"Independent in governance" sends alarm bells ringing in my ecclesiological mind (and, I presume, means that the Reverend Hilsden is not licensed to this ministry by the Bishop of Auckland). To make things
If the minister or ministers of the church err in belief or behaviour, to whom is a complaint to be brought?
Secondary question: is the body or individual to whom complaint would be made, themselves accountable to any body of believers, and will their processing of complaint be according to a process agreed by that body of believers?
Naturally I ask this question because it is not obvious from the website of the church to whom its leadership is accountable.
Incidentally, we have a church in Christchurch of similar ethos to the Auckland Evangelical Church, called Campus Church (although its start in life was prior to the existence of the Geneva Push). It is reasonably described as 'post- Anglican' because its founding senior pastor was simultaneously pastoring this church (evening services only) while also being vicar of a parish here in Christchurch (morning services only). Its current pastor I have heard in personal conversation describe himself as Anglican, but he has no formal relationship with the Bishop of Christchurch. Its site is here and I do not think you will find on it any sign as to whom the leadership of the church is accountable.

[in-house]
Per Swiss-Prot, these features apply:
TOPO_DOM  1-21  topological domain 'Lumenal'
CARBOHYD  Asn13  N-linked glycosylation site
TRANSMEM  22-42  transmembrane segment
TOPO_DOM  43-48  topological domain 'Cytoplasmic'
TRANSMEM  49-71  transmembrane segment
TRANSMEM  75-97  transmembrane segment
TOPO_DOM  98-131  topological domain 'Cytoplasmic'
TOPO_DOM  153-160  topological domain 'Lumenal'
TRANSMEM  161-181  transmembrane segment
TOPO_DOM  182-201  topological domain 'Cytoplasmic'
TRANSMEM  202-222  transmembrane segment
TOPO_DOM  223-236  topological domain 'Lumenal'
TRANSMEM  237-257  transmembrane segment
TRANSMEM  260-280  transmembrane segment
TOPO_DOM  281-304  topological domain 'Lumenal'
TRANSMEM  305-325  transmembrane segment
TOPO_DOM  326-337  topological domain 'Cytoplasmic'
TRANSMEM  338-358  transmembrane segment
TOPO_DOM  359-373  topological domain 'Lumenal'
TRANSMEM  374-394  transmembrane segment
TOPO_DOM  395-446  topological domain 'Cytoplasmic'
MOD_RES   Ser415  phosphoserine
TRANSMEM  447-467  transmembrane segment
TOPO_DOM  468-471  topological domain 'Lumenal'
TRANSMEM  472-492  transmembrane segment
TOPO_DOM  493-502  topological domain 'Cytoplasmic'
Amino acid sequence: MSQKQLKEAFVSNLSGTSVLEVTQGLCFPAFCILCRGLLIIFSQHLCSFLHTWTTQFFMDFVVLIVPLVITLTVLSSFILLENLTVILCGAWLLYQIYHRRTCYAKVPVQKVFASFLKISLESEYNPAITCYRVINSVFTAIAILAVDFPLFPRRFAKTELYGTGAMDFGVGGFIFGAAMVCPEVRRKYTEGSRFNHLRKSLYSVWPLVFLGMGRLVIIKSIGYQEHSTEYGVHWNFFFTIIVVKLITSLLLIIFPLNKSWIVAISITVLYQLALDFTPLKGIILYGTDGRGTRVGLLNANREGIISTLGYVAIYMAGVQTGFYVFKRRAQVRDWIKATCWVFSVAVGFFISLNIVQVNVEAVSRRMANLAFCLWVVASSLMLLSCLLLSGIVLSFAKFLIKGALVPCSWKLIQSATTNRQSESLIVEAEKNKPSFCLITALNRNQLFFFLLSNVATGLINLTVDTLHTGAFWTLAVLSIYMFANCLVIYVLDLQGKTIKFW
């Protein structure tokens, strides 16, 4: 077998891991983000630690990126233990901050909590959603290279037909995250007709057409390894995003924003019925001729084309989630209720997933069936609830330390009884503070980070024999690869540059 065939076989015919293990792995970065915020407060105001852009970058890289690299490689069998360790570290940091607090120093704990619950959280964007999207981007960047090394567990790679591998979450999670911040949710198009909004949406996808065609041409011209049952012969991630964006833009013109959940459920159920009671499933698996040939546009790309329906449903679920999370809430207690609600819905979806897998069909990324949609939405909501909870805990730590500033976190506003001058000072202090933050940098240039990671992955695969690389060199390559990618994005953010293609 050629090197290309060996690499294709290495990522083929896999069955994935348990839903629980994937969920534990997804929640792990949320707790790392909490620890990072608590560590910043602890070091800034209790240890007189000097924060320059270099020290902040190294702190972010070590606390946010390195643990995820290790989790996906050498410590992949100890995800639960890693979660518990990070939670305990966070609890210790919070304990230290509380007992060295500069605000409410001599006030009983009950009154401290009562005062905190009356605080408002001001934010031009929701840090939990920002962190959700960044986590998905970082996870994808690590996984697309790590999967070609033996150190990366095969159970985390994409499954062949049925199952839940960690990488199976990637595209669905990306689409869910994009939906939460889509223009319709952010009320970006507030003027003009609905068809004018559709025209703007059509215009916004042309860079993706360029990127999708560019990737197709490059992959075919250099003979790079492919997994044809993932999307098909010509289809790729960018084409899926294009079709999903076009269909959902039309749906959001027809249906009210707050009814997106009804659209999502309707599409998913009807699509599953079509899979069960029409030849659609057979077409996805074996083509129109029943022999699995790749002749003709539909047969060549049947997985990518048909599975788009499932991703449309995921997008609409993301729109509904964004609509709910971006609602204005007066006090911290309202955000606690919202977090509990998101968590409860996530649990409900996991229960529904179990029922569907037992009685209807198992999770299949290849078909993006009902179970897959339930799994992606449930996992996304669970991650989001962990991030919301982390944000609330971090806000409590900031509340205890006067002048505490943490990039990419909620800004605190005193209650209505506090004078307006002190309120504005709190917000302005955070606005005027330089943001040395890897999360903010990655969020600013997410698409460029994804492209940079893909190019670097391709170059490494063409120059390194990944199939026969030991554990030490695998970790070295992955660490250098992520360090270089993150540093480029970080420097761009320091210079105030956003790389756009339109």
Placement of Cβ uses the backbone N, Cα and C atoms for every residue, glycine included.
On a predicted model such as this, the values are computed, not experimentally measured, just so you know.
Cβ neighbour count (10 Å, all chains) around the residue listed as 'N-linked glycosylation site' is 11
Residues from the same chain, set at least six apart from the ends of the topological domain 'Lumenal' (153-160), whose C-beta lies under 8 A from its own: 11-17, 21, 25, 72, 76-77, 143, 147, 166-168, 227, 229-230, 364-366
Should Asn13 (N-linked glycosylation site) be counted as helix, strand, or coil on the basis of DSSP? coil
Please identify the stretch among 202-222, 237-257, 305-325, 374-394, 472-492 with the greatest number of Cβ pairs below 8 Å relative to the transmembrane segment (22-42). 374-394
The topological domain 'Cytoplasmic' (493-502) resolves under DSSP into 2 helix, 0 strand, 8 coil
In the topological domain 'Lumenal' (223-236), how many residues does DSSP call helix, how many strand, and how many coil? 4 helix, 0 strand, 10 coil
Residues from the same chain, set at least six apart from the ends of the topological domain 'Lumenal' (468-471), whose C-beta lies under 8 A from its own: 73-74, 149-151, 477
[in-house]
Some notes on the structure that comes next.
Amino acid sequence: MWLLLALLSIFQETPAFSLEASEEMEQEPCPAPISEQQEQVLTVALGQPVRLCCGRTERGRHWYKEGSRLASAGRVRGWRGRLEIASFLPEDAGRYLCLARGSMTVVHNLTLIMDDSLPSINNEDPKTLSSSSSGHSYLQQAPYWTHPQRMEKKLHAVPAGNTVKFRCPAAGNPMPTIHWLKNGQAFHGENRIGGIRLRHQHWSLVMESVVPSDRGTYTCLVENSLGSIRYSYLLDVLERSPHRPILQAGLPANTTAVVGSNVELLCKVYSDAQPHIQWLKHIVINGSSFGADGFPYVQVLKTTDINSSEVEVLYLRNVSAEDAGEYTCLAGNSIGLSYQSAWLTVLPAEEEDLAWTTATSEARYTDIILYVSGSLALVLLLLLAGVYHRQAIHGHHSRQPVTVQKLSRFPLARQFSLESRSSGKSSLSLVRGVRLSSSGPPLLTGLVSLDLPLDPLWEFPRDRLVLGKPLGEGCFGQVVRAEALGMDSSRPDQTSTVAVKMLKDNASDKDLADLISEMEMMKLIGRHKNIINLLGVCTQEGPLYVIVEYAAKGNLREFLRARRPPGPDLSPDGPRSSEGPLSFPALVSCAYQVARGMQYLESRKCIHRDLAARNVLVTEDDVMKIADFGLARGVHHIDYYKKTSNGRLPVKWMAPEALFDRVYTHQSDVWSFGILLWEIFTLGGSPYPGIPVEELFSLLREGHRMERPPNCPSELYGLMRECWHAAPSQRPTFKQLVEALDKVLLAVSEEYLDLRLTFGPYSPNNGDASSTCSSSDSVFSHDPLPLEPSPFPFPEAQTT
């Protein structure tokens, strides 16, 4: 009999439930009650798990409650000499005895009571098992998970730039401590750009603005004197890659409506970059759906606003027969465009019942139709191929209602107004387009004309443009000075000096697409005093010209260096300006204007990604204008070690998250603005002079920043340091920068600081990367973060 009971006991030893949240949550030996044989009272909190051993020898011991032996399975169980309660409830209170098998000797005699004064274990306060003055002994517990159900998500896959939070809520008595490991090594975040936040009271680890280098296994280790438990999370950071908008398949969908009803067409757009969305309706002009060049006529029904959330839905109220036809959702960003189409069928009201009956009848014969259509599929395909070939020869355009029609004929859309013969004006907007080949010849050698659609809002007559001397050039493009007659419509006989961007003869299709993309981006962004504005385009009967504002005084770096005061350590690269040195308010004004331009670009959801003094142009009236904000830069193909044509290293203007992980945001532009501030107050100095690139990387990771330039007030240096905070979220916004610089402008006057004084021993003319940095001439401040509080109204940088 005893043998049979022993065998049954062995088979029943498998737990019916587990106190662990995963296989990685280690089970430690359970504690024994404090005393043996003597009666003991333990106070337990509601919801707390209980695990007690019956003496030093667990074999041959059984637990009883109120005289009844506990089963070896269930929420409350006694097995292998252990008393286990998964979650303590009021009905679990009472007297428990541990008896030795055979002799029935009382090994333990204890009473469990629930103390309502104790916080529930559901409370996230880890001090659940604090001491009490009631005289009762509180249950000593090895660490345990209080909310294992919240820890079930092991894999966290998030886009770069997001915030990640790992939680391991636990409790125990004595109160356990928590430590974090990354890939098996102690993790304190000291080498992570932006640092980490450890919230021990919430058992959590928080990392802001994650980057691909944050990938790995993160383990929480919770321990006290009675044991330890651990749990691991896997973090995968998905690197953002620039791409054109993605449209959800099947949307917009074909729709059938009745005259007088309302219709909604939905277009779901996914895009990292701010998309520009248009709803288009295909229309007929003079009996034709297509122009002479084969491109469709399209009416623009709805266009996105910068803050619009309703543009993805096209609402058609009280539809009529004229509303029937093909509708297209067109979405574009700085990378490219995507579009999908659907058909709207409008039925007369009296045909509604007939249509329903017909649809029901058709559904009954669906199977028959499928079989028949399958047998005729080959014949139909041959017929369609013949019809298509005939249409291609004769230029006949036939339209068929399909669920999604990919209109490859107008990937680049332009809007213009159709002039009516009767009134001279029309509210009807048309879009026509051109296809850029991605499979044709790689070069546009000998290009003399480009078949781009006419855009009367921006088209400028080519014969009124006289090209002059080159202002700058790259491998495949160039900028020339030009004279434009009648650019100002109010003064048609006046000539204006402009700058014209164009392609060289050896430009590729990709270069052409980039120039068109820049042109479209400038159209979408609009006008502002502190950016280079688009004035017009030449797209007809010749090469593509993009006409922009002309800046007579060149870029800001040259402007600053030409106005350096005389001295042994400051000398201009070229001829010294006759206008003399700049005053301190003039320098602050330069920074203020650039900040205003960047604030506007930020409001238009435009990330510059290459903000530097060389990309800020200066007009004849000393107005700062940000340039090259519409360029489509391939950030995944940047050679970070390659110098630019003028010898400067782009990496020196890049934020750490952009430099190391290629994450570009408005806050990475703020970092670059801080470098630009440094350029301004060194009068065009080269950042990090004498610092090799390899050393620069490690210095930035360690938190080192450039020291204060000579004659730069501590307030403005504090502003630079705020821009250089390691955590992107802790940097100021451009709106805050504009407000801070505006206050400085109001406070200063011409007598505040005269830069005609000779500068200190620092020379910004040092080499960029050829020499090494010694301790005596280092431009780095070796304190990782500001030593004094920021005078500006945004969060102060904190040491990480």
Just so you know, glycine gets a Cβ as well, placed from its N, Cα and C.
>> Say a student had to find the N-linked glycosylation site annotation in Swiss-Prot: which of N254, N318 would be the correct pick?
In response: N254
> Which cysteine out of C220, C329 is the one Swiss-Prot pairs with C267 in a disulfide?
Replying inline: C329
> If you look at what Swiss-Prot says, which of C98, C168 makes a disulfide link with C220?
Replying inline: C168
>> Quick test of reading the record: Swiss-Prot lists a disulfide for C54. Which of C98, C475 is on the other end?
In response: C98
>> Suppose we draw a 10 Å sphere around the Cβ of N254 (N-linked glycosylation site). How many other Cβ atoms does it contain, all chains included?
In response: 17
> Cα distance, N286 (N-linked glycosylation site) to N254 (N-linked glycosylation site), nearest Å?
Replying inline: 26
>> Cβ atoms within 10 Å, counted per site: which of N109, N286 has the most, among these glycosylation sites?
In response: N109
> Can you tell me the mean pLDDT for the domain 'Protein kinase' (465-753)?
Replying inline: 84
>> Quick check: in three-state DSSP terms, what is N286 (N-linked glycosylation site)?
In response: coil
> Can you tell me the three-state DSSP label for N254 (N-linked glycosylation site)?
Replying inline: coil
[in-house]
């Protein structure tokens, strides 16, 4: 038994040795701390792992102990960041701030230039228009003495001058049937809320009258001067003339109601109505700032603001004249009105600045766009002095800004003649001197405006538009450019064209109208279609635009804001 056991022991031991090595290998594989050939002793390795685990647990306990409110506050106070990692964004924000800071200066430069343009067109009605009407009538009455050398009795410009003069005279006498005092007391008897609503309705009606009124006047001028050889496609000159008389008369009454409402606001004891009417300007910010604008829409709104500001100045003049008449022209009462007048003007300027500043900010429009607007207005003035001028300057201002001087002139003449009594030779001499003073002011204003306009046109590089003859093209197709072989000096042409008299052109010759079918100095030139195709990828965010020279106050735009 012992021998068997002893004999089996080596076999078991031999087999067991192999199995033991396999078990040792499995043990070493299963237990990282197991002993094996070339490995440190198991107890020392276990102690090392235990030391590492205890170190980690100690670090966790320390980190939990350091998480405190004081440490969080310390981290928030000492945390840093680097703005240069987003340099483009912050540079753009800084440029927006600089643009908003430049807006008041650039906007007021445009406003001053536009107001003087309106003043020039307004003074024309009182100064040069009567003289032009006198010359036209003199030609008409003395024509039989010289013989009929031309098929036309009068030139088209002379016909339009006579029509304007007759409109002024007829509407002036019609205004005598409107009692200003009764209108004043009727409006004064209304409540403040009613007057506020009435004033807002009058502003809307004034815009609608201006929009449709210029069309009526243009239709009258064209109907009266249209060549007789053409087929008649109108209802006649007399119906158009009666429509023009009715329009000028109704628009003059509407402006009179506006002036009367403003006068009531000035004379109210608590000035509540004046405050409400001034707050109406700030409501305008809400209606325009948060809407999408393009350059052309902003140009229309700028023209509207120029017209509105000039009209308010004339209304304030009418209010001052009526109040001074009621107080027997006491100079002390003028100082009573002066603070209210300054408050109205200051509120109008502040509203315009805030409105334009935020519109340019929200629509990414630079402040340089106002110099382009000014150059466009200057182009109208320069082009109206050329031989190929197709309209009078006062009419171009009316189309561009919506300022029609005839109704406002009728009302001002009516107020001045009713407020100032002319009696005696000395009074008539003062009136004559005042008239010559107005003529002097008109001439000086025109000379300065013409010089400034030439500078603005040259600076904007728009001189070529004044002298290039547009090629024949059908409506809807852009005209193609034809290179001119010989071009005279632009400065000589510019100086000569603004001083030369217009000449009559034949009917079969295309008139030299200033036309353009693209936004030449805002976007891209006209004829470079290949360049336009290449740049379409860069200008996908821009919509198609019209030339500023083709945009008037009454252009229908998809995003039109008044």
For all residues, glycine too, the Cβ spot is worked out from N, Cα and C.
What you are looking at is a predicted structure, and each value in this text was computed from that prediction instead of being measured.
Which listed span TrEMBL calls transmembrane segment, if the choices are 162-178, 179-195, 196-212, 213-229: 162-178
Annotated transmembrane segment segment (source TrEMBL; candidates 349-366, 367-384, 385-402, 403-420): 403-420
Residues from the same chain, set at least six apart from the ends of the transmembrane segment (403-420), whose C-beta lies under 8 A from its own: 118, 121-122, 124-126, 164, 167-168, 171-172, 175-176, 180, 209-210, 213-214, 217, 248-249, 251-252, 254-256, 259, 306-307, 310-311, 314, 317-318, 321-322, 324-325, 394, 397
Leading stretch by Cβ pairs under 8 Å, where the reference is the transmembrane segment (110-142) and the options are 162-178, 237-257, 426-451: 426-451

By contrast, Church By The Tracks does offer the following re accountability:
Lead Pastor – Dave Morgan In line with our statement of belief, Dave’s role is to lead the church.
Oversight team (includes 2 Trustee’s and elected members) Oversight Team’s role is to manage property and finance.
Board of Reference An external board of appointed Christian leaders who will provide wisdom and support to the Oversight team on issues of doctrine and employment of Lead Pastor." [Ed: would be good to know the names of who is on the board!]
In all three cases it is ecclesiastically fascinating to be drawn to 'biblical churches' which do not give any clear signal in their statements of belief that they practice the dominical sacraments.